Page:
In the general case, a DAC algorithm will take more than linear time but less than exponential time, like brute forcing. Mergesort and Quicksort illustrate this: Mergesort worst-case time complexity is O(n log(n)) and Quicksort O(n^2), but both have an average-case time complexity of O(n log(n)).

#### 5.2.2 Space complexity

The only extra space used by our divide-and-conquer algorithm is the frequency table. In the worst case, each element only appears once, and the table will need an entry for every element, giving a space complexity of O(n). The serial solution would use the same table to keep track of the frequency of notes.

In general, the space complexity is not the same for all DAC algorithms. For example, the space complexity of Mergesort is O(n), while that of Quicksort is O(log n).

#### 5.2.3 Related algorithms and data structures: maps and lists

Almost any data structure is used across the various DAC implementations to problems. For our note-frequency problem we used a map, which offers constant insertion and updating times. Mergesort uses a list, but only adds to the end of the list when merging, to achieve constant time insertions. Quicksort does not use any extra data structures but moves items on the list it is operating on, with each move having a time complexity of O(n) in the worst case.

## 6. How to prepare for a coding interview

### 6.1 Practice on your own

Before you start practicing interviews, you’ll want to make sure you have a strong understanding of not only divide and conquer but also the rest of the relevant algorithms and data structures. You’ll also want to start working through lots of coding problems.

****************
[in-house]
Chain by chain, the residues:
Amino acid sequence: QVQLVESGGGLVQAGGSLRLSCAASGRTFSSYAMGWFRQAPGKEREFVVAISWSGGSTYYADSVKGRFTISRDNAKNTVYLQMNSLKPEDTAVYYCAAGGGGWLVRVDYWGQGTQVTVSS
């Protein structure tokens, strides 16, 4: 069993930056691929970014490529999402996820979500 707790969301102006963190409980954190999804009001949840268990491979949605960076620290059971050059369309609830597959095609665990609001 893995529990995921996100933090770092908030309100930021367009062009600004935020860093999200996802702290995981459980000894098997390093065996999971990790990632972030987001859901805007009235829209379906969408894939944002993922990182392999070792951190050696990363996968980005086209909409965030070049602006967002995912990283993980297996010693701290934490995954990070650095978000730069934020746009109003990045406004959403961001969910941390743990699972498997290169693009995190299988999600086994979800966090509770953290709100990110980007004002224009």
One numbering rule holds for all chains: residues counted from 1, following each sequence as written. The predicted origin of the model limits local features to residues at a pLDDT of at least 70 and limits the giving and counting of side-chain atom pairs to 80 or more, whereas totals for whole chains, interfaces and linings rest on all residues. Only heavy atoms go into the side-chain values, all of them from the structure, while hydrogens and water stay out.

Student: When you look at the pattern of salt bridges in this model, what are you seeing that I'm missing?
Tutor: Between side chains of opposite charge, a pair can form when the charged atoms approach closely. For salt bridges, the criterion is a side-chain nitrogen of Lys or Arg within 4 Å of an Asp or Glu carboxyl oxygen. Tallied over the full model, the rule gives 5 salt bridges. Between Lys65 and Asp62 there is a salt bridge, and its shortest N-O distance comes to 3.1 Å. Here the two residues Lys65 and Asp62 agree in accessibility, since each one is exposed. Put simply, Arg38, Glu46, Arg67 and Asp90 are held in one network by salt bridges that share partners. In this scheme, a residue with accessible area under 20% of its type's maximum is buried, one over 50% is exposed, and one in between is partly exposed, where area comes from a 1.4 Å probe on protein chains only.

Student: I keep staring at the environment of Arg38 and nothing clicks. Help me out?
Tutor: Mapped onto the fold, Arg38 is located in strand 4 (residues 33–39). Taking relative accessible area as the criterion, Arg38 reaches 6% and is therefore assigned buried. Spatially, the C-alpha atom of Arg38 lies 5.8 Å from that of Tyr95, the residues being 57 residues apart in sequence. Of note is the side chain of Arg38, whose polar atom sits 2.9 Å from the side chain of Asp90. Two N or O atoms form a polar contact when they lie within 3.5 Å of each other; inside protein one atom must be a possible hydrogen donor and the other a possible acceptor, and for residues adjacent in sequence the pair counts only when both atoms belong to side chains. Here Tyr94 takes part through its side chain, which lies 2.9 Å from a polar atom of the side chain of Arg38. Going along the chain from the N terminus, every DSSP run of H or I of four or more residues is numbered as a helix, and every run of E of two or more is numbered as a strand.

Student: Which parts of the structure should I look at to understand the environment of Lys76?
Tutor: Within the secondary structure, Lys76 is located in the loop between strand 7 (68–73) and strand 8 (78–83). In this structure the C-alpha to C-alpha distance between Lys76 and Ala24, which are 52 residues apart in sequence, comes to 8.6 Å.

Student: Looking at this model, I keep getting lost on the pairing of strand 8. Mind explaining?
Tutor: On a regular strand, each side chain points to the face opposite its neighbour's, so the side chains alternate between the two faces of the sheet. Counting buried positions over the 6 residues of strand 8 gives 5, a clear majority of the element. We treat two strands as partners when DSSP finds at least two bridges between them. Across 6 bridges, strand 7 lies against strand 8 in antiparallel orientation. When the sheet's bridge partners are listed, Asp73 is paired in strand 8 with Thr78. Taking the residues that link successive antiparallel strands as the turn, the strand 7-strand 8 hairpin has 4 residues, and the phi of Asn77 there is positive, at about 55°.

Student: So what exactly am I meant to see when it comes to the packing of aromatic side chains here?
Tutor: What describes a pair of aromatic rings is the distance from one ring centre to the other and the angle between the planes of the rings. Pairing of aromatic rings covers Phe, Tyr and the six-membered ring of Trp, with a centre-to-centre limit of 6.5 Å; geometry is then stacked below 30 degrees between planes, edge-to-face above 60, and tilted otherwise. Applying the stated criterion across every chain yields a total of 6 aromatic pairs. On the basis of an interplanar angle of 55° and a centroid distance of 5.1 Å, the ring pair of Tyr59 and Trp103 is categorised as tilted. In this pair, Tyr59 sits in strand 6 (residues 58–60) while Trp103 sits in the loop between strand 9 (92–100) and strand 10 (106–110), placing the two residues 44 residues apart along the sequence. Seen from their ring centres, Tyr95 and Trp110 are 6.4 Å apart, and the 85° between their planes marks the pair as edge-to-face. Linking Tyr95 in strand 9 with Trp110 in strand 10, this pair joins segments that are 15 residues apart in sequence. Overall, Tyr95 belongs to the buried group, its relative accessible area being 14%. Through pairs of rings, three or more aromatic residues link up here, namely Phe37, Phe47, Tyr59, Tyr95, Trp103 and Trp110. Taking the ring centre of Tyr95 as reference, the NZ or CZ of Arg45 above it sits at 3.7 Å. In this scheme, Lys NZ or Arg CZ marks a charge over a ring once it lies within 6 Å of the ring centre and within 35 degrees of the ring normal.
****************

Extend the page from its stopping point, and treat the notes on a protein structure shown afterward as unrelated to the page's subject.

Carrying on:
Check out the guides below for lists of questions organized by difficulty level, links to high-quality answers, and cheat sheets.

Algorithm guides

Data structure guides

To get used to an interview situation, where you’ll have to code on a whiteboard, we recommend solving the problems in the guides above on a piece of paper or google doc.

### 6.2 Practice with others

However, sooner or later you’re probably going to want some expert interventions and feedback to really improve your coding interview skills.

That’s why we recommend practicing with ex-interviewers from top tech companies. If you know a software engineer who has experience running interviews at a big tech company, then that's fantastic. But for most of us, it's tough to find the right connections to make this happen. And it might also be difficult to practice multiple hours with that person unless you know them really well.

Here's the good news. We've already made the connections for you. We’ve created a coaching service where you can practice 1-on-1 with ex-interviewers from leading tech companies. Learn more and start scheduling sessions today.